My adventure in cuzco and Machu Picchu

Cusco Travel Blog

 › entry 1 of 1 › view all entries
2 summers ago (in 2005) I went to Peru, and had an amazing time. I went with a group of about 7 other people (all over the age of 45) from my church! It wasn't exactly the way I had expected to travel the world, but when I saw the announcement about going to Peru, I knew right away that I wanted to go. It actually turned out to be an amazing experience, and I am sooo glad I did it!

The main focus of the trip was to go to Sicuani, Peru, which is a small city high in the Andes, closest to Cuzco. We went there to visit a mission our church has. But first, we had to do a few touristy things, so we spent a couple days in Cuzco, which I really enjoyed, despite the insane drivers that try to run you over! It is this city that lies in a valley high up in the andes, wedged between mountains. It was conquered by the spaniards and they destroyed much of the inca architecture and built on top of it. It has a really old feel to it. We got to see the 12-sided stone (famous because the incas carved this stone to perfectly fit into a wall at 12 different angles), and really get a feel for the country...not to mention buy cool souvenirs like hand-woven finger puppets and mittens, and beutiful jewlery!

One or two days after arriving in Cuzco, we headed to Machu Picchu, the ancient Inca Ruins. To get there, we first took the train from cuzco to Aguas Calientes, which is the town right outside Machu Picchu. The train ride was very interesting for me since I don't do it often, and we got to see some of the country. I was also entertained by the predicament of my fellow traveler Fr. Eugene, who gets motion sickness if he faces backward in a moving vehicle. His problem was that since we were going down the mountains, there were a lot of switchbacks, to every time we switched directions, he'd have to get up and change seats! After a while, the train got too full to do that, and I think he got tired of it, so he just stood for the rest of the ride. Poor guy! Luckily, it wasn't too long of a trip.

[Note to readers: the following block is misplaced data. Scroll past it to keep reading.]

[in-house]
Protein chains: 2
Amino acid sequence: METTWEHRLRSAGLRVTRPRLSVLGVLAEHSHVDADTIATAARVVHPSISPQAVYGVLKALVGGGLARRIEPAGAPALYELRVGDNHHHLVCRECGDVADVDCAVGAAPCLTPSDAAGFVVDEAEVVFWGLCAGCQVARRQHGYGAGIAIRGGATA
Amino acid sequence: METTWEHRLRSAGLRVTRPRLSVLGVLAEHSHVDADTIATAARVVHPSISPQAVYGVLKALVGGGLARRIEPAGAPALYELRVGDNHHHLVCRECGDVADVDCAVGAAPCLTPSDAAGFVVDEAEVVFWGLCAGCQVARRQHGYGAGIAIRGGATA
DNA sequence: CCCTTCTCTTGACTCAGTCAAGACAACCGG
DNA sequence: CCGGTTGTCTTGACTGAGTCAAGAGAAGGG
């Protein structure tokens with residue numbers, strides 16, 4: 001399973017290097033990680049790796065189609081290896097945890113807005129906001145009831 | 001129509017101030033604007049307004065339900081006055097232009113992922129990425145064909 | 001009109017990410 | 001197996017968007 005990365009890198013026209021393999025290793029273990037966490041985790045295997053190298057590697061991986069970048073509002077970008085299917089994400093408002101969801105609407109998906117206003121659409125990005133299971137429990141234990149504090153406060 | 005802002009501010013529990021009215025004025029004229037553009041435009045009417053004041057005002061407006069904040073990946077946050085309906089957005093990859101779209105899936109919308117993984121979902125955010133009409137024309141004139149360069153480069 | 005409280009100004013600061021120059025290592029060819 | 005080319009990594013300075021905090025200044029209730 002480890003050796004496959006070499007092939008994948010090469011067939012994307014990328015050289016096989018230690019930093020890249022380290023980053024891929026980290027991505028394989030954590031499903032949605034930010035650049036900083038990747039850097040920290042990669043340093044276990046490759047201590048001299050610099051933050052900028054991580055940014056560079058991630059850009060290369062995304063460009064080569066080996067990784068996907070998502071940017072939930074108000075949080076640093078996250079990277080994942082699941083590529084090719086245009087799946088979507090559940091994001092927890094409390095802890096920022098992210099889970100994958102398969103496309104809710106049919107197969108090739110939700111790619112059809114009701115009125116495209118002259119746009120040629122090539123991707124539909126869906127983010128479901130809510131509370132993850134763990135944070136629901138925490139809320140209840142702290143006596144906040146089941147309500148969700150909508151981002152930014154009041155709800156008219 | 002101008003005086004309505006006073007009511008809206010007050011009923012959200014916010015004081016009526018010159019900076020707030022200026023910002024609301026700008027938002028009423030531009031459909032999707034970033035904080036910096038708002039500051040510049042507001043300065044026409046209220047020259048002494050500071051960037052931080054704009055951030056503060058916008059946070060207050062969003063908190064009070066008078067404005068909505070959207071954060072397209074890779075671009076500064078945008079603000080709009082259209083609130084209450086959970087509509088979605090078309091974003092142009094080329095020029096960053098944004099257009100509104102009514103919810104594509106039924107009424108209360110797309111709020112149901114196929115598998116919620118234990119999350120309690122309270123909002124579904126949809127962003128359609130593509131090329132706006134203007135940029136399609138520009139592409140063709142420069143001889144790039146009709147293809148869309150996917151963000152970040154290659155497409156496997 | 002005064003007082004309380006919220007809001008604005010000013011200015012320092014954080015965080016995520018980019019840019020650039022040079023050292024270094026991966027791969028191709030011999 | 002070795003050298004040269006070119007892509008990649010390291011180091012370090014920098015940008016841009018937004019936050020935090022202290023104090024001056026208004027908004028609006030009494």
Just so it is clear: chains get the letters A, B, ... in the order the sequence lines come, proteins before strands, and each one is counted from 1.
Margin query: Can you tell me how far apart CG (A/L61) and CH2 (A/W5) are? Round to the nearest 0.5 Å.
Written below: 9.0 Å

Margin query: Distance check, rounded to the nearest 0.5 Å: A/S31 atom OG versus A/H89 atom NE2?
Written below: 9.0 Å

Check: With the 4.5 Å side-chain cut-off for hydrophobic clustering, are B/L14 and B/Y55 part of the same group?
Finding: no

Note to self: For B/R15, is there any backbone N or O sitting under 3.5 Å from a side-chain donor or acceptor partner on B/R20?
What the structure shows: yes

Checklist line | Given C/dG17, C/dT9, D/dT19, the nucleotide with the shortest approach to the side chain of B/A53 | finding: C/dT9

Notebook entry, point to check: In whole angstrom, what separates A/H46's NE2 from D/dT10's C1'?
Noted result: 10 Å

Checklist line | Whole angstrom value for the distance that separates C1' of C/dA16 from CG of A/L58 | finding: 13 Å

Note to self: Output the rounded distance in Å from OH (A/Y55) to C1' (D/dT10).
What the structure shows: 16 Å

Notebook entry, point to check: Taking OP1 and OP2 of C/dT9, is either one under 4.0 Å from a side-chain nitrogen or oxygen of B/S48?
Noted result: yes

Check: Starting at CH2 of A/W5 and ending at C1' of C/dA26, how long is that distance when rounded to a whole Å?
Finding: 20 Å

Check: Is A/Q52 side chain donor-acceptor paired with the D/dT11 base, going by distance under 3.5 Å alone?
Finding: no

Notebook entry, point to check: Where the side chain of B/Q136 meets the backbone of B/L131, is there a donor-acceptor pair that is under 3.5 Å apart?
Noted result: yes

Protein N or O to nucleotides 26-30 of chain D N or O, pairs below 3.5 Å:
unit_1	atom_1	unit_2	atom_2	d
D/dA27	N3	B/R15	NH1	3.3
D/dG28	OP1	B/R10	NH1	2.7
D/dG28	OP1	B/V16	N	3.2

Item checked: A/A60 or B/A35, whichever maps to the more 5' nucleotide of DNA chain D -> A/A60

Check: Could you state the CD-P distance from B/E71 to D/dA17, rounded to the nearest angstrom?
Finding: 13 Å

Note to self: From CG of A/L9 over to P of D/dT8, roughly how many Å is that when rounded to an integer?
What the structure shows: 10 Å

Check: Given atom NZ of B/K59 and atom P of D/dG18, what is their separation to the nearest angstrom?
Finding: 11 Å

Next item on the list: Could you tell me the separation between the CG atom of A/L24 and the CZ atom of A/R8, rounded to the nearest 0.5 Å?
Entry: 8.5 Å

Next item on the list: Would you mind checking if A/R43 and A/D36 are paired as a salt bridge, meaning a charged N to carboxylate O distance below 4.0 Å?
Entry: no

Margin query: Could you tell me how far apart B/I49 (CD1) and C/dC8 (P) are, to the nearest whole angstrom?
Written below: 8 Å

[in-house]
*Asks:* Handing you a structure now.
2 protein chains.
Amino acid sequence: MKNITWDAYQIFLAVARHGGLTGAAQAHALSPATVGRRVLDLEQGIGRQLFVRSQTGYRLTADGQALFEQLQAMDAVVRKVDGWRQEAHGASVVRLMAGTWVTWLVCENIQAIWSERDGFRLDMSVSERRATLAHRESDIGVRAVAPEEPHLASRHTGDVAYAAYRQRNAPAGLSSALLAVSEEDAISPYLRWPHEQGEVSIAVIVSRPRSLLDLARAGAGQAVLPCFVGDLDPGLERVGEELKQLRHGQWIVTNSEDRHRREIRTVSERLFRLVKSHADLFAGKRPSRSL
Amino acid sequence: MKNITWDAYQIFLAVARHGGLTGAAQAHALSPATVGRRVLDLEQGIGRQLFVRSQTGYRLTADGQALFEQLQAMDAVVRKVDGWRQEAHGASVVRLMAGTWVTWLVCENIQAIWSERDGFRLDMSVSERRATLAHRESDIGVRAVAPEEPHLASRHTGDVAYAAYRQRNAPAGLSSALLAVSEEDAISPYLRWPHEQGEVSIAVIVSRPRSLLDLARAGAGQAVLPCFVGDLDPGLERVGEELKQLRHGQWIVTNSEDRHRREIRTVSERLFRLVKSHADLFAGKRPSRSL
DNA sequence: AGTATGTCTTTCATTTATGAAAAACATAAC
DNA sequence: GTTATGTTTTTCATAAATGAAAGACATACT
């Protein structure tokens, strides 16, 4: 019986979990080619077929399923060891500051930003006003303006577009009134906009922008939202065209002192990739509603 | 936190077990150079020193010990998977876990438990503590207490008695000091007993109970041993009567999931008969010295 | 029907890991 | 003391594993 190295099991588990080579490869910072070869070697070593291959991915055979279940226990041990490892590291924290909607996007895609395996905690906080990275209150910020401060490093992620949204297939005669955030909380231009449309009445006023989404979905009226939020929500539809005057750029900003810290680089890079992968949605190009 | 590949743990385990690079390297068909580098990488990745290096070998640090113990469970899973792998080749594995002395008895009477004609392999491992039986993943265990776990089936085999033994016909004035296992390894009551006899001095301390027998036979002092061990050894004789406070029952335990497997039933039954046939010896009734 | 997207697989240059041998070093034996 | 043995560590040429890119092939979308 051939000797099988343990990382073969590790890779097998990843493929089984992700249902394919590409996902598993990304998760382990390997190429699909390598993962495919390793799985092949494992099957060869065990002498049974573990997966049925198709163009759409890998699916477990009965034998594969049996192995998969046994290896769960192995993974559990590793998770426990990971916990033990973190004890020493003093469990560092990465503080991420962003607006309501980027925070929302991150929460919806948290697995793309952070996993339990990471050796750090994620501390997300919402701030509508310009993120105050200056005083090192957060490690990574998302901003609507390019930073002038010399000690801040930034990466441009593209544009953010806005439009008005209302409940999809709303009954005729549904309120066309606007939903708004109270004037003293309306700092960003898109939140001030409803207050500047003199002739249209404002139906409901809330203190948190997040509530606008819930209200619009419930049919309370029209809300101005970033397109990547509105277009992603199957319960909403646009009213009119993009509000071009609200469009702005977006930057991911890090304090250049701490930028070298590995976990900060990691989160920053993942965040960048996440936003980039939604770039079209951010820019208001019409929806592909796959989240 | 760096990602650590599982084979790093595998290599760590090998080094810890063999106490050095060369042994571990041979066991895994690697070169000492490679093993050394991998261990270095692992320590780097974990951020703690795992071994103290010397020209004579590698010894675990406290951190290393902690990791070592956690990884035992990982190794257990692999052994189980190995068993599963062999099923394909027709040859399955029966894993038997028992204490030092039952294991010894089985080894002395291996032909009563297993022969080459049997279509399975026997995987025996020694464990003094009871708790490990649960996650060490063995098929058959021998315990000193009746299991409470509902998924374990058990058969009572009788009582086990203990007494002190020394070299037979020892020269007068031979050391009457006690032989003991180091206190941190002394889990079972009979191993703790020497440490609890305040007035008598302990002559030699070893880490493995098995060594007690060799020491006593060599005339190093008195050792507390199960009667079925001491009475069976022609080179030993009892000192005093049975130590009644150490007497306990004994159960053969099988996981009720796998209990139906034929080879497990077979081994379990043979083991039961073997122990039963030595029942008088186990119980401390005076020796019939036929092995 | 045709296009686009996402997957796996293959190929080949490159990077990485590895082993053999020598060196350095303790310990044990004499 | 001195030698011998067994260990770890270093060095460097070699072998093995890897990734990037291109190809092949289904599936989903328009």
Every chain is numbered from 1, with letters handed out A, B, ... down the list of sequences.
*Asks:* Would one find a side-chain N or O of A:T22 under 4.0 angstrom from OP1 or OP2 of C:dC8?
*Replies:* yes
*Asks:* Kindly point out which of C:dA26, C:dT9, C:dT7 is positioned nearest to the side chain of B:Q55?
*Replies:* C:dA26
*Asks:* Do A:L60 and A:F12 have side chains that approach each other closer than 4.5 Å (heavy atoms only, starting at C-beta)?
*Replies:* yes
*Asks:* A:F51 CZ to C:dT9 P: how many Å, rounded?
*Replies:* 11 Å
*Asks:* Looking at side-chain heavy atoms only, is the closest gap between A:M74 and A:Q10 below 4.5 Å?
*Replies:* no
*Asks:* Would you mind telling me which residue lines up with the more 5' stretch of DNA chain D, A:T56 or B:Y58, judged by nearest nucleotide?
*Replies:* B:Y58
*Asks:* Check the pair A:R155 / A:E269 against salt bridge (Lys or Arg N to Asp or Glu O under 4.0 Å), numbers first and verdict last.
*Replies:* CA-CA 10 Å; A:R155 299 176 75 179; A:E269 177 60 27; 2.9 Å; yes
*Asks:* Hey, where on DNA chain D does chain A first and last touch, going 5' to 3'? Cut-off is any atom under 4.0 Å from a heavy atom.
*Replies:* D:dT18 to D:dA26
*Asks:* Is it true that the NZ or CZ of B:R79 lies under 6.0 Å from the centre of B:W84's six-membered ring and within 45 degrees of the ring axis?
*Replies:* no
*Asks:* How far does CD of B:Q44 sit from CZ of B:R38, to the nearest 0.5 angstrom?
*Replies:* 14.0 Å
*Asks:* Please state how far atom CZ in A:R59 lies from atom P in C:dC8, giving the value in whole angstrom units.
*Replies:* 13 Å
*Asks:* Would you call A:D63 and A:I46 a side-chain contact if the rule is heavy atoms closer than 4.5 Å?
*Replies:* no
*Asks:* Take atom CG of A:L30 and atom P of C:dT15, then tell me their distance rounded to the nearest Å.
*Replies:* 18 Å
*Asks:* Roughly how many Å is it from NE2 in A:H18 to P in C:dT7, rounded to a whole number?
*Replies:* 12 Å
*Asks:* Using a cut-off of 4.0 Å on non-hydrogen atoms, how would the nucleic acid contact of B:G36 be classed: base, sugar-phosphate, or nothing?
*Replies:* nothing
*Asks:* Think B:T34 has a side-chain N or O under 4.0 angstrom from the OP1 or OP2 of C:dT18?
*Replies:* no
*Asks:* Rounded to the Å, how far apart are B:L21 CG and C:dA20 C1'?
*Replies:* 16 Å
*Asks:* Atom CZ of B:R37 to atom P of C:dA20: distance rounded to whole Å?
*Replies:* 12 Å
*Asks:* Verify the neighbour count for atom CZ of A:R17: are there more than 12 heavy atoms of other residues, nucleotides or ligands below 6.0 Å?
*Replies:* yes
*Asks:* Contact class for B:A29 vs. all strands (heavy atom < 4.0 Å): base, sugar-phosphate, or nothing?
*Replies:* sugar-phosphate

Once we arrived, we went to our nice little hotel, and explored the town a little. We headed to Machu Picchu bright and early the next morning so that we could see the sunrise, and got to experience the thrill (and terror) of buses passing each other on very narrow, winding roads going up mountains. Lets just say its not fun to look out the window and see a beautiful view, then realize that you can't see the road beneath you because the tire is so close to the edge of the road that all you see is a big drop down the mountain!
Despite the harrowing ride (that lasted all of 10 minutes), it was well worth it. The skill that the Incas had in building and harvesting crops in such difficult conditions is impressive. They really were a very advanced civilization. I can't quite decide what the best part of Machu Picchu was, because I had 2 favorite experiences. One was watching the sunrise over the surrounding mountains and gleam on the site of the ruins. The other was climbing to the top of this massive mountain called Wayna Picchu. The Incas took a lot of their stones from this mountain, and they carved stairs in the rock of the mountain in order to climb to the top. So to get to the top of Wayna Picchu, you have to hike up these really steep and very narrow stairs, that have literally been chiseled out of the mountain, and try not to worry about falling off the edge of the mountain, because you are actually right on the edge! But it was definitely worth it when I got to the top and had a marvelous view, and it didn't hurt that I had a really great feeling of accomplishment!

Next, we headed back to Cuzco, where we were to spend a night and meet up with Sr. Eileen, who runs the mission in Sicuani, but more of that fingers are getting tired of typing!
Join TravBuddy to leave comments, meet new friends and share travel tips!
Sponsored Links
photo by: Vlindeke